In hopes of finding an appropriate spot for everyone in the house, I rearranged our bedrooms, tried out different configurations, but I also understood that had those babies survived, I wouldn’t have slept anywhere, I wouldn’t, in all likelihood, have been conceived.
Three months into her pregnancy with me, her fourth, just as the bulge at the center of her frame started giving her away, my mother’s contractions began again, quiet at first, an unwelcome rumble. She was 36. It had been 18 months since the girl baby had died. She put on her nightgown, crawled into bed, and stayed there for the next five months, drinking red wine every night to relax her uterus.
My father set up a makeshift table and chairs in the bedroom so my seven-year-old sister could do her homework, eat breakfast and dinner near her mother — an immobile, anxious lump whose body didn’t seem able to hold onto her babies. The story goes he came home from the hospital where he worked as a neurologist, took off his tie and bathed my mother with a sponge in their bed, delicately turning her from side to side, pouring water over her head, her swelling belly, getting the spots between her toes, her soft, useless feet, all of them, waiting.
‘Rationally, I knew that the babies were never going to appear at the door. That’s because of another secret, a covenant we agreed upon collectively, silently: they lived inside me, and surely, inside my sister.’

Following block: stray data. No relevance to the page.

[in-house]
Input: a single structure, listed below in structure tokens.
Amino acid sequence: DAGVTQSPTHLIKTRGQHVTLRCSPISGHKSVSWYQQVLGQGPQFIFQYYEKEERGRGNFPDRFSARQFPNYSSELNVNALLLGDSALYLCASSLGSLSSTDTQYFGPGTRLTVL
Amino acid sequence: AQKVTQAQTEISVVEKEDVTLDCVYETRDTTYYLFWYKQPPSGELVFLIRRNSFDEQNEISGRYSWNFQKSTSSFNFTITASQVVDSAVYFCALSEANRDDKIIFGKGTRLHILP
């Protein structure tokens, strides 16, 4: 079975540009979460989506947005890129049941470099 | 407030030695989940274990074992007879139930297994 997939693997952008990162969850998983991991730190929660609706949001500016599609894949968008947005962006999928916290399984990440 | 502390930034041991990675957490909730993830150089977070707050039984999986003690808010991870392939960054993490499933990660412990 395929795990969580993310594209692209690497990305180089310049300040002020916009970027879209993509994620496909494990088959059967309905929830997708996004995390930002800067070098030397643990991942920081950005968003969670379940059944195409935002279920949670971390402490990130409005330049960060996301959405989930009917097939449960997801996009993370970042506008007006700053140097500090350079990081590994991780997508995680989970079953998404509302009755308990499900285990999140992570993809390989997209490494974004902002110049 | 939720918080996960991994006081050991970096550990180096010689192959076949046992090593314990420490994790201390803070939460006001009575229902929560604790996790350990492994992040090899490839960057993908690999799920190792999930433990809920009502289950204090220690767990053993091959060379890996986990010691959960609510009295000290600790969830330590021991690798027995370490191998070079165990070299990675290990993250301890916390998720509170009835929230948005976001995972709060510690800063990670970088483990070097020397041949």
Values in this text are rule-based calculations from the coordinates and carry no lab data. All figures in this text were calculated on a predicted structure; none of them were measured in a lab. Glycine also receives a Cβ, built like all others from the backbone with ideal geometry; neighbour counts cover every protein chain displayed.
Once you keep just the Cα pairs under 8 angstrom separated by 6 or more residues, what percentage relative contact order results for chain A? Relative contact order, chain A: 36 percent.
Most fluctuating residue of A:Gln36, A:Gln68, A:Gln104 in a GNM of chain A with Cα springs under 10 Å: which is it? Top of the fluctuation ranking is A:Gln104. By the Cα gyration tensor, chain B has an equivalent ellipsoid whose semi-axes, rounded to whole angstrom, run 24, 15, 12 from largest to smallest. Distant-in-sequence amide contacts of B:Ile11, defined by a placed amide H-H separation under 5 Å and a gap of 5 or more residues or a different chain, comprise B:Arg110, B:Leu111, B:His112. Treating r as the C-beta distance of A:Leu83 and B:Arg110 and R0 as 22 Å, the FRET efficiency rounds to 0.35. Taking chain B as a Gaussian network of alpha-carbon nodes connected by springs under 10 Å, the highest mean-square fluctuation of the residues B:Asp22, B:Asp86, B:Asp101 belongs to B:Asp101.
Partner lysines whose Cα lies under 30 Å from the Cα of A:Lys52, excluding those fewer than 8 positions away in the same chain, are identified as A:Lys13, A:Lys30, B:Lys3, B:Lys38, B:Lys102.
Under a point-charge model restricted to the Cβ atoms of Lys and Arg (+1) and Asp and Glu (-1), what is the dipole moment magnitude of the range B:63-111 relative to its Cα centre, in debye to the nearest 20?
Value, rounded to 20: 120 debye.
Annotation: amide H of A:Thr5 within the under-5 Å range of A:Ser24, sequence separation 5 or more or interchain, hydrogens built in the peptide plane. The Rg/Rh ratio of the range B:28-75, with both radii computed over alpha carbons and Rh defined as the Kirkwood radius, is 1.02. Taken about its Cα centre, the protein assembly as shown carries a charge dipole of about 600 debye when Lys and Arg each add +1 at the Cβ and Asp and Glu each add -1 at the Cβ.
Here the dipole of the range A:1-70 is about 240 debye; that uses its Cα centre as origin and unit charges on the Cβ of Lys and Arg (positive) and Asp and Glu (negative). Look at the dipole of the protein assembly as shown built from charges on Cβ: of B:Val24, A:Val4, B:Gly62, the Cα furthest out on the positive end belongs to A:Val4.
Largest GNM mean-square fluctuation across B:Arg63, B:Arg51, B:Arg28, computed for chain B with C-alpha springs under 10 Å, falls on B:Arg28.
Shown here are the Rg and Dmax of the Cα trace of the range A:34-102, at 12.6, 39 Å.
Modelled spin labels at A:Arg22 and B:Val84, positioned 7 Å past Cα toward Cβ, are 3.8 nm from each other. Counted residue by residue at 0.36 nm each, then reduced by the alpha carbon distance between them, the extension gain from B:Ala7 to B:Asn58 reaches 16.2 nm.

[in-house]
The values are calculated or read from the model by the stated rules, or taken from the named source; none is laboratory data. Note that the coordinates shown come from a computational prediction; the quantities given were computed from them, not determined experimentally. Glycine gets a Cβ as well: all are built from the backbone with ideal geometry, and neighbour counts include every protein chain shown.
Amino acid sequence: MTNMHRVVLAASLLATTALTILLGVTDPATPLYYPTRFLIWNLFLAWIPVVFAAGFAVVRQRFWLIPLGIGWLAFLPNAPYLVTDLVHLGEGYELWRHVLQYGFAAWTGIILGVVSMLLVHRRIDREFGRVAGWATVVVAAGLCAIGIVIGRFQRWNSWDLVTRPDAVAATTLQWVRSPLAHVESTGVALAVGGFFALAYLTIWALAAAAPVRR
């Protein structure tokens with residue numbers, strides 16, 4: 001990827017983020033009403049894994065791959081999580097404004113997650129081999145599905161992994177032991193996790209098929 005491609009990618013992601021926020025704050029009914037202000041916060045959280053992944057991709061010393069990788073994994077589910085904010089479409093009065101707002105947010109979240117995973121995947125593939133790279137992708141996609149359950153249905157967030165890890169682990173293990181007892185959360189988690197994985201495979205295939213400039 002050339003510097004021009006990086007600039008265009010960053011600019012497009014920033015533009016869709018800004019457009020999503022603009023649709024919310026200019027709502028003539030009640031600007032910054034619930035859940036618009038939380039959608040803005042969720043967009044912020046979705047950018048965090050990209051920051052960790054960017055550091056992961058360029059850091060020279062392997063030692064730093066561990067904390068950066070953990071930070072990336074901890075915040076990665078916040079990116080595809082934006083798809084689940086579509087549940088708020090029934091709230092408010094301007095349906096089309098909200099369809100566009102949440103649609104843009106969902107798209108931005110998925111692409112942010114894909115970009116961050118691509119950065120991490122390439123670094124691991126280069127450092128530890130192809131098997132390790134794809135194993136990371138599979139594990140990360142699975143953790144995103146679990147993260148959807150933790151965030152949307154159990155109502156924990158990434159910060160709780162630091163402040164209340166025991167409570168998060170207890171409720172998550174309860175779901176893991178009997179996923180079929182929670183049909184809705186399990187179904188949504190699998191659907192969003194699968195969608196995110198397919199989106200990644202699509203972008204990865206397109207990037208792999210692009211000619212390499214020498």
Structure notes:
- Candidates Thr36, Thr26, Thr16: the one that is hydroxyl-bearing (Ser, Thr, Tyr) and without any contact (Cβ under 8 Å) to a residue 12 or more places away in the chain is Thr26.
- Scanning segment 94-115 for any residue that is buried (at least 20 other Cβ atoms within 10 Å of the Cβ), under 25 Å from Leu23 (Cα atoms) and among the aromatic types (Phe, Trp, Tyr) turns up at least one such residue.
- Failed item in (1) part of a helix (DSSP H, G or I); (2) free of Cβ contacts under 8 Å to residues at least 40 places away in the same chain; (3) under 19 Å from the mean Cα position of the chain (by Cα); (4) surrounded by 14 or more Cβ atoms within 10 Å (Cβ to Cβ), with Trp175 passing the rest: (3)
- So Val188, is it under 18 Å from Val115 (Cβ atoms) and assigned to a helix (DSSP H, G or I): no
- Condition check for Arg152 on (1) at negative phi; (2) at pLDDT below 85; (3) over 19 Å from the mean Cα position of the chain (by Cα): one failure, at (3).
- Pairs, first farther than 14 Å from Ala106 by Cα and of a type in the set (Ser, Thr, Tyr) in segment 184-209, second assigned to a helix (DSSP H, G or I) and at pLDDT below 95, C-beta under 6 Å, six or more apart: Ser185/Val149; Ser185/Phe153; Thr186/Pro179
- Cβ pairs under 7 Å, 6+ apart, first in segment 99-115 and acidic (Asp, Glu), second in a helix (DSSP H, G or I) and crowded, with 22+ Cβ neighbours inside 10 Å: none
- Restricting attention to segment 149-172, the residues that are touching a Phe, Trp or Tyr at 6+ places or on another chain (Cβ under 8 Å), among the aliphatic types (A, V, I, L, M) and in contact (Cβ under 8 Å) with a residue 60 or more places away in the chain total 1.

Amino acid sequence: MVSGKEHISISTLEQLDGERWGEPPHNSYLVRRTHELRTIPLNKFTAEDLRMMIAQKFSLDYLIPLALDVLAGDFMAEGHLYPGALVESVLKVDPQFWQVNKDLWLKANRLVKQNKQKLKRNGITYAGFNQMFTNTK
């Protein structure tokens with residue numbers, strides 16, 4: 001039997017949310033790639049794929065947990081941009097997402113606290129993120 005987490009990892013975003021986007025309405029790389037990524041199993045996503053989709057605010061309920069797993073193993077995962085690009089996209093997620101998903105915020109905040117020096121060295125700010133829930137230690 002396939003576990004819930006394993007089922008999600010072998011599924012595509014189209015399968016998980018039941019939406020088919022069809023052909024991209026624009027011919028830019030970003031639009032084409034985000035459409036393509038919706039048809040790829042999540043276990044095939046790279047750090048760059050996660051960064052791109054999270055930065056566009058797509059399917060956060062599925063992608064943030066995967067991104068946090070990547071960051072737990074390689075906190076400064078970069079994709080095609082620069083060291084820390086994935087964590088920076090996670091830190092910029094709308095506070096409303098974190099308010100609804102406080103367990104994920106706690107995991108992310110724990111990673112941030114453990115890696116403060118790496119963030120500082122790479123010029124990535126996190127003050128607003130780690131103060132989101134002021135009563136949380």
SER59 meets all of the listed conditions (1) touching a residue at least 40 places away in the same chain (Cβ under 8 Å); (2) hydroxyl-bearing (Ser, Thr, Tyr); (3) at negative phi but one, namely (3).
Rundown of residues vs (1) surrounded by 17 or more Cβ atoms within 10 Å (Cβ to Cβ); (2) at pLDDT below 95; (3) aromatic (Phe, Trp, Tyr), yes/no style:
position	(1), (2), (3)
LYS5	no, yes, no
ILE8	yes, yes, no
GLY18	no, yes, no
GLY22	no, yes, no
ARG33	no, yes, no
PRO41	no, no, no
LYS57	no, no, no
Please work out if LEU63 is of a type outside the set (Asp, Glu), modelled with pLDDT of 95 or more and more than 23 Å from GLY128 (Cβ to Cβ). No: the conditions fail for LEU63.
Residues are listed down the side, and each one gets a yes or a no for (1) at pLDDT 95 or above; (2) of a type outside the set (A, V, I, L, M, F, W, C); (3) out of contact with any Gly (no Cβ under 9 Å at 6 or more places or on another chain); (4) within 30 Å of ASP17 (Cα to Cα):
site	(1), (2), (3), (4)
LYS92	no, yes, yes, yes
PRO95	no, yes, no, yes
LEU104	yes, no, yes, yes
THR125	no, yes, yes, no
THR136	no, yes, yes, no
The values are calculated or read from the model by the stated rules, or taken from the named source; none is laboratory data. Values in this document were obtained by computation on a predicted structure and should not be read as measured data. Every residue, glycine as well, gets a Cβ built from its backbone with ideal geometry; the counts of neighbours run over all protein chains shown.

No one ever spoke of faith in our house. My father had a very distant belief in God and even that was almost laughable, an atrophied remnant from his childhood. We talked of medicine, science, psychology, of cause and effect, of reality. We relied on hard evidence, not the unseen. I was the baby who made it not because I was “meant to” — there was no greater architecture at work — but because of a simple anatomical fix.
After the second stillbirth, my mother returned to her obstetrician. Placenta abruptio he had written on her chart after the first baby was lost — a very rare condition in which the placenta separates from the uterine wall. The doctor deemed it a fluke. This time he took a closer look. My sister’s complicated birth six years earlier had ripped the inside of my mother’s cervix, he discovered, rendering it too weak to hold onto any baby once it reached a certain weight. When I was a 13-week embryo, he stitched up the gash in a quick, fortifying knot and sent my mother to bed. That tiny barrier kept me snug inside until I arrived five weeks early, five pounds, and unable to swallow. For three weeks, I lived in an incubator in the hospital but I was alive. I was the closest thing to a miracle we had, and I always knew it.